Image Shown: An overview of Vertex’s recent accomplishments and some of its near-term goals. Image Source: Vertex – January 2021 IR Presentation

Promising CF Therapeutic Sales Growth Trajectory 

In the view of Vertex, there are 83,000 people with CF in Australia, Canada, Europe, and the US combined, up from 75,000 previously as management noted at a January 2021 investor relations event (due in part to better data collection). There are over 30,000 patients in these geographical markets currently not taking treatment for CF that Vertex’s therapeutic offerings could treat according to the company. Vertex’s management noted that the firm was currently “treating about 40% to 50% of the CF population” and that Vertex was “working hard to bring the triple combination to all of these patients” who were currently not getting treated during the recent investor presentation. 

Image Shown: There are still many patients with untreated CF across various Western countries that Vertex’s therapeutics could treat. Image Source: Vertex – January 2021 IR Presentation

Looking ahead, Vertex intends to continue to expand the application of its CF portfolio. In Europe, that includes efforts to expand the ability for KAFTRIO to treat European patients with at least one F508del mutation. In the US, that includes conducting clinical trials to gauge how effective its CF portfolio is at treating rare mutations, while also seeking to secure approval for TRIKAFTA to treat patients that are younger than 12. Regulatory approval for its TRIKAFTA/KAFTRIO treatments in Australia and Canada is pending, and Vertex has its eyes on other markets as well. Securing reimbursement agreements for KAFTRIO in various European countries is another key initiative at Vertex (according to recent management commentary, Vertex appears to be working on securing reimbursement deals in France, Spain, and Italy). 

Image Shown: Vertex intends to continue to expand the reach and application of its CF therapeutic portfolio. Image Source: Vertex – January 2021 IR Presentation

Drug Pipeline Overview

Vertex’s portfolio covers more than just CF and its drug pipeline is quite large (which does include a meaningful CF drug pipeline, too). That includes potential therapeutics which could treat sickle cell disease (abbreviated as ‘SCD' -- this is a group of red blood cell disorders), beta thalassemia (blood disorder), alpha-1 antitrypsin deficiency (can cause lung disease and liver disease), APOL1-mediated kidney diseases, and offerings for pain management, along with new potential CF therapeutics. Some of these conditions, such as SCD and APOL-1-mediated kidney diseases, are inherited and gene therapies (a new space in the biotech world) might offer a may to treat such conditions which historically have been incredibly difficult/impossible to cure (though there are ways to treat and manage such conditions).

Back in October 2015, Vertex and CRISPR Therapeutics AG (CRSP) announced a strategic partnership that aimed to use “CRISPR’s gene editing technology, known as CRISPR-Cas9, to discover and develop potential new treatments aimed at the underlying genetic causes of human disease.” CRISPR focuses on gene therapies. The partnership is currently working on treating transfusion-dependent beta thalassemia (‘TDT’), CF and SCD. We are intrigued by the potential therapeutic breakthroughs that the Vertex-CRISPR partnership could uncover. The upcoming graphic down below provides a snapshot of Vertex’s drug pipeline and commercial portfolio.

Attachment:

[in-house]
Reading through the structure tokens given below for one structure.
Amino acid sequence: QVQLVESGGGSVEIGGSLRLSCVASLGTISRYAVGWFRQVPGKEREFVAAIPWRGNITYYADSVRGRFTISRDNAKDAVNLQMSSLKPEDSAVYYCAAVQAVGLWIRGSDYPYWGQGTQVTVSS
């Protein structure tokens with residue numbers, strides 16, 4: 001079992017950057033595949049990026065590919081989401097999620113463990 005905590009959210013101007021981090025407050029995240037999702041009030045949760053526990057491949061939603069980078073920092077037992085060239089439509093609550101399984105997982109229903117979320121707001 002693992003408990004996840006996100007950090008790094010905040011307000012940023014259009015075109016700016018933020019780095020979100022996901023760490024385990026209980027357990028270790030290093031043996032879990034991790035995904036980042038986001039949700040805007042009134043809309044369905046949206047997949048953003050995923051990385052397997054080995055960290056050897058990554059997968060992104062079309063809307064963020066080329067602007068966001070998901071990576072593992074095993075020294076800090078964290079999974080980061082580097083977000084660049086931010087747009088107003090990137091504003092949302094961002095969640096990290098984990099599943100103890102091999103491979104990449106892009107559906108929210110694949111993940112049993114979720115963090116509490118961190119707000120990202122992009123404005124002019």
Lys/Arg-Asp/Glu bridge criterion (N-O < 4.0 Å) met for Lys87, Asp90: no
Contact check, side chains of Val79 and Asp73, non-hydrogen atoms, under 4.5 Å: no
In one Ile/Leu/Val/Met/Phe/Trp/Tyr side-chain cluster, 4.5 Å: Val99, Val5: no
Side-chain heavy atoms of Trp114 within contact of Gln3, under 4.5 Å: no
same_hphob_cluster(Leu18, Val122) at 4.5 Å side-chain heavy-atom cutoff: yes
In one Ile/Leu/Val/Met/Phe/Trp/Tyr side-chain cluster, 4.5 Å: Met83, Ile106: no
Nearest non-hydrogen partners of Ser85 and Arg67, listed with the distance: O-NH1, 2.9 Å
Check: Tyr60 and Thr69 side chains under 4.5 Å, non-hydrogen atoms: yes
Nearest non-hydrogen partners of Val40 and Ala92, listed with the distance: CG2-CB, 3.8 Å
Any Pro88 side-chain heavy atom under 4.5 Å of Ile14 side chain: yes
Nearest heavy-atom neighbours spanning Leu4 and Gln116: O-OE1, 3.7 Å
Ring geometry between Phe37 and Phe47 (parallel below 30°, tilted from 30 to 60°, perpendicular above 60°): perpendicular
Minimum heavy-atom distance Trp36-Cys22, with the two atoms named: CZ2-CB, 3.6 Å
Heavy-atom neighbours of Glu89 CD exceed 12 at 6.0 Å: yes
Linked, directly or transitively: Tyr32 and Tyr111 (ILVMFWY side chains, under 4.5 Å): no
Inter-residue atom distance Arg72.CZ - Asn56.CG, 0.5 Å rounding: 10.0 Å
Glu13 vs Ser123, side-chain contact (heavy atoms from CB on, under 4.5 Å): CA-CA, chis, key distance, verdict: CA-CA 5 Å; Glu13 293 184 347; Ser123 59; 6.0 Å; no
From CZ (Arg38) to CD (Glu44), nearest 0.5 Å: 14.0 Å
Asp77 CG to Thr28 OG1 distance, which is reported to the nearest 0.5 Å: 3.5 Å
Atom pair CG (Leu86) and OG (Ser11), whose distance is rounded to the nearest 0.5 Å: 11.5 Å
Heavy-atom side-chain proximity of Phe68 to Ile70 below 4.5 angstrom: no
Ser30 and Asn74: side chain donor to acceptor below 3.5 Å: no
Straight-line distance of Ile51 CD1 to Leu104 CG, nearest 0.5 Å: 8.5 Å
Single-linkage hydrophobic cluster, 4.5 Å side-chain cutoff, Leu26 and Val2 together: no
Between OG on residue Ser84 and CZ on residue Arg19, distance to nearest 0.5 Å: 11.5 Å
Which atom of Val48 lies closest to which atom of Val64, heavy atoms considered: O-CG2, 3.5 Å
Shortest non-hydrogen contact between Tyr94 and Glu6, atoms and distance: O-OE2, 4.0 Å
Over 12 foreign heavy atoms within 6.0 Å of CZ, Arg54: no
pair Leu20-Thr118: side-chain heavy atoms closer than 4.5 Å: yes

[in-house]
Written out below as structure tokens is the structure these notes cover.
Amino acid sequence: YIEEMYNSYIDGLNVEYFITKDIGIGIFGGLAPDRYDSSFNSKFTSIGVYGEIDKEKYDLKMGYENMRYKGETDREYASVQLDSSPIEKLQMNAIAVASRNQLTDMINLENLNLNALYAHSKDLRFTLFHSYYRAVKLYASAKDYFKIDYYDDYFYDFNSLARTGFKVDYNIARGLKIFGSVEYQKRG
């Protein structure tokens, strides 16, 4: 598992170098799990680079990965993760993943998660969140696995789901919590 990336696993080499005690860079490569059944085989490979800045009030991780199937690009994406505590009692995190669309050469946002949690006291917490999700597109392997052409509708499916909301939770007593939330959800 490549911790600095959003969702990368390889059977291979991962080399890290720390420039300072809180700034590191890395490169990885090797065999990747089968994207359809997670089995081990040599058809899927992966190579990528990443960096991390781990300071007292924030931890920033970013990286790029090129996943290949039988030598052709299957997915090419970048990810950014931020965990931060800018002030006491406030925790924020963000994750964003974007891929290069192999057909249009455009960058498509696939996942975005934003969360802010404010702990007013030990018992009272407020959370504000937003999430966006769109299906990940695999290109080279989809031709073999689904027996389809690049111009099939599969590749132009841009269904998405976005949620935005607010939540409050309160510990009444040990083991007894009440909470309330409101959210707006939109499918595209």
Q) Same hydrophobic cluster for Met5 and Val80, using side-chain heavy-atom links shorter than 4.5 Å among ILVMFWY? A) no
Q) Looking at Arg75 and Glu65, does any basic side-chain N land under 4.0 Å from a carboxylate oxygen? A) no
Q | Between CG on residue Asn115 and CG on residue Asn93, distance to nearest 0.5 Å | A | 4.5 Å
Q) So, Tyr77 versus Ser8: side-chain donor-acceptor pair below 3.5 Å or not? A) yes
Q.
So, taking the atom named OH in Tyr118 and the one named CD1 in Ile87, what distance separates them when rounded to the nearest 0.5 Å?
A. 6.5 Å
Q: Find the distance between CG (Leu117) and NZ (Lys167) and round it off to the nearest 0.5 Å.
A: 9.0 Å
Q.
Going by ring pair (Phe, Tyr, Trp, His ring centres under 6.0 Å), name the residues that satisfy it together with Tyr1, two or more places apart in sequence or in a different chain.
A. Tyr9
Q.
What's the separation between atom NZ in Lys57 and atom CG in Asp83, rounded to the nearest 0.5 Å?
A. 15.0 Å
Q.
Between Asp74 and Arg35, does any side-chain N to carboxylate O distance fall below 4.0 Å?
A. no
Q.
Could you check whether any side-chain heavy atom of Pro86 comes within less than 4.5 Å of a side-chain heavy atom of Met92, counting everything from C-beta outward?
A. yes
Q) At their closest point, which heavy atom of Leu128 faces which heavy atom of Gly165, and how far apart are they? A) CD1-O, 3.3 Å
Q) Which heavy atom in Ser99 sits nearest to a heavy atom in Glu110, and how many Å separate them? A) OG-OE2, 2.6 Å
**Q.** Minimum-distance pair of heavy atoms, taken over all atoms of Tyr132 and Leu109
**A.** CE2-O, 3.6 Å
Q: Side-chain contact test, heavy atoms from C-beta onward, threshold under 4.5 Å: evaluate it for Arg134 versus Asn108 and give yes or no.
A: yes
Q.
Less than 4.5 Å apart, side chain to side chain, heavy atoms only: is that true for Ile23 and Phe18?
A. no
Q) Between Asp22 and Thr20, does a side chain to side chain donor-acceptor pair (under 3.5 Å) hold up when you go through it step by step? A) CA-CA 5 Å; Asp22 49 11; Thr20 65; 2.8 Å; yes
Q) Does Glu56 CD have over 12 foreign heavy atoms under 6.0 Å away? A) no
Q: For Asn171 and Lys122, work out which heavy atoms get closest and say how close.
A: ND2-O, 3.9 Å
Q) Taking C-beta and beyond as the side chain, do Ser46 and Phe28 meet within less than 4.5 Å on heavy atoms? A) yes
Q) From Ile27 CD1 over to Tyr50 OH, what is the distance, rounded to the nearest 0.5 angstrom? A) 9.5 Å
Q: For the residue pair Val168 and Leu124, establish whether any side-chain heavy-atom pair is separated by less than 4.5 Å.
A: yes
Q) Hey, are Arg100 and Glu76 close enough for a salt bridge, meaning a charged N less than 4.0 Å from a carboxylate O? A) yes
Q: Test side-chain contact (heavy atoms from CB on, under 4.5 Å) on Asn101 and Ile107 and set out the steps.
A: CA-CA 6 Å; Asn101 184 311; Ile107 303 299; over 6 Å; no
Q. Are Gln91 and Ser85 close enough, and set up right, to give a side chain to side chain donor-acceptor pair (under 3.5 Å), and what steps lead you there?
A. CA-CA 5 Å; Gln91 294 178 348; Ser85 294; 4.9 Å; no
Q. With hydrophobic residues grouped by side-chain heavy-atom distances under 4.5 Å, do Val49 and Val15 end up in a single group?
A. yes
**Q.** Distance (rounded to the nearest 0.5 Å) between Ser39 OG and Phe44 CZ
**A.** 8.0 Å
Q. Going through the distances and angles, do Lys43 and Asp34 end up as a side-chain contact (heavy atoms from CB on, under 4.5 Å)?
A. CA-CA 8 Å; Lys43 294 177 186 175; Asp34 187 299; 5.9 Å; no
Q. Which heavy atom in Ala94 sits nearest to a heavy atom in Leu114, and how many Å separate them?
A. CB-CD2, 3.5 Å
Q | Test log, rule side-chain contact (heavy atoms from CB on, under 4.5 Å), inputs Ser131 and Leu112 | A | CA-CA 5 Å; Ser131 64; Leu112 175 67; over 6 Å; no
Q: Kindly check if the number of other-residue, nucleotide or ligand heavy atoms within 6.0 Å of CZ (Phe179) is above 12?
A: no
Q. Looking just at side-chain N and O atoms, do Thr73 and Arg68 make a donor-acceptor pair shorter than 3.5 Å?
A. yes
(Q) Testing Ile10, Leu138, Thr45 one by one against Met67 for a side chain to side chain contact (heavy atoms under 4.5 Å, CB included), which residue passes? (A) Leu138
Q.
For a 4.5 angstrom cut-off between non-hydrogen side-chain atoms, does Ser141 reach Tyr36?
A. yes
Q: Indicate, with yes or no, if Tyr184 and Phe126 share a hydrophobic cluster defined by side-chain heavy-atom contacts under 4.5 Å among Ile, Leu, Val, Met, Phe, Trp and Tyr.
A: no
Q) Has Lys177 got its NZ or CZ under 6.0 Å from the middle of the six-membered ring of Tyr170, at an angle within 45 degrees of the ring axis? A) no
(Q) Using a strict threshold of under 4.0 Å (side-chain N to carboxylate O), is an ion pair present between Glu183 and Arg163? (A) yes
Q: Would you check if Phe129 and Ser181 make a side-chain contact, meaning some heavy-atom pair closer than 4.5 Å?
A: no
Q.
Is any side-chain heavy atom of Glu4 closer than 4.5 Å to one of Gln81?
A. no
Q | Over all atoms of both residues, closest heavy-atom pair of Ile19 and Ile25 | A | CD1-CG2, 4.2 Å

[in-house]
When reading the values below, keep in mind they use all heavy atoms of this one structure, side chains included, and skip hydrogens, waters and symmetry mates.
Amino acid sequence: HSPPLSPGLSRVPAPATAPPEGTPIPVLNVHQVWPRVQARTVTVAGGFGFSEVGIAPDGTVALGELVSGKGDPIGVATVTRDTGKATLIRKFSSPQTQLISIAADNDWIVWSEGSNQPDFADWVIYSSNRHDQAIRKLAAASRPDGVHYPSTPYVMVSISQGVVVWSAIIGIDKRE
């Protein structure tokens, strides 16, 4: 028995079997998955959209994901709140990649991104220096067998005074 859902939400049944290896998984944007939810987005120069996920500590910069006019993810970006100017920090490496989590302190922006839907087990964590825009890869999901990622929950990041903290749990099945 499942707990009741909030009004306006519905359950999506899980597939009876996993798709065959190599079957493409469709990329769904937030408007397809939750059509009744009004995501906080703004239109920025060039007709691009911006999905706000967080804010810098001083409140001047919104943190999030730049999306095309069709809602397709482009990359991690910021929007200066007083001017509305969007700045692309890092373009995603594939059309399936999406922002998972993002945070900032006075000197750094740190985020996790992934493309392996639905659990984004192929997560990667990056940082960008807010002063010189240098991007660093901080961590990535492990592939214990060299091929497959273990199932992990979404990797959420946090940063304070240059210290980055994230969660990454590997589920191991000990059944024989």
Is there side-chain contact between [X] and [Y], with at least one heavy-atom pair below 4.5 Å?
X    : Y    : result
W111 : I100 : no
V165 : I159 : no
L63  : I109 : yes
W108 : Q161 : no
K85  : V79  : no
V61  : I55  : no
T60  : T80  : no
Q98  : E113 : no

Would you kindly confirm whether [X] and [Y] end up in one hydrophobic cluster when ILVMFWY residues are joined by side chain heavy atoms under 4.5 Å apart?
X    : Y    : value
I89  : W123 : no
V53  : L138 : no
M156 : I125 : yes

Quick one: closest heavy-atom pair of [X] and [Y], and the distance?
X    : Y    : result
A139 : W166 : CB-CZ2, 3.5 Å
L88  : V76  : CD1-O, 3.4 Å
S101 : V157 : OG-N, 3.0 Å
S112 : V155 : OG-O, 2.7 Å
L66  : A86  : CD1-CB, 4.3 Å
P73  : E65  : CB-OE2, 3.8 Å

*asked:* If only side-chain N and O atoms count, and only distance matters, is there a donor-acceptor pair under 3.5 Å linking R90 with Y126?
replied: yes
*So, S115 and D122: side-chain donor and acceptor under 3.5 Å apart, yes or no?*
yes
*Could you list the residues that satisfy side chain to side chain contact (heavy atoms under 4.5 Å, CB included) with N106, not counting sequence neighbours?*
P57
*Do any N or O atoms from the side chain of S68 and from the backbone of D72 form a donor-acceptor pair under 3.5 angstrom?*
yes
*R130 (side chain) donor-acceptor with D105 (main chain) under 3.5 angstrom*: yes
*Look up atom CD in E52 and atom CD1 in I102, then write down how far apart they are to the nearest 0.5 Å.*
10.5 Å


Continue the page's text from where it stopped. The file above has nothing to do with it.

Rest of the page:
Image Shown: While Vertex’s commercial portfolio is built on its CF therapeutic offerings, its drug pipeline covers an array of health conditions and offers Vertex a way to diversify its commercial drug portfolio over time. Image Source: Vertex – January 2021 IR Presentation

One of the potential drugs Vertex and CRISPR are working together one is CTX001, “an investigational ex vivo CRISPR gene-edited therapy” that could treat TDT and severe cases of SCD. In November 2019, the duo announced positive interim safety and efficacy data from a CTX001 clinical trial which involved “two patients with severe hemoglobinopathies” though that is a very small sample. Following up on that, the duo announced favorable proof-of-concept clinical trial data in June 2020 from the CLIMB-111 and CLIMB-121 Phase 1/2 trials. This past December, the duo noted this in a press release (lightly edited):

[Today CRISPR and Vertex] announced new data on a total of 10 patients treated with the investigational CRISPR/Cas9-based gene-editing therapy, CTX001, that show a consistent and sustained response to treatment. All seven patients with transfusion-dependent beta thalassemia (TDT), including three who have either a severe or b0/b0 genotype, were transfusion independent at last follow-up and all three patients with sickle cell disease (SCD) were free of vaso-occlusive crises (VOCs) from CTX001 infusion through last follow-up.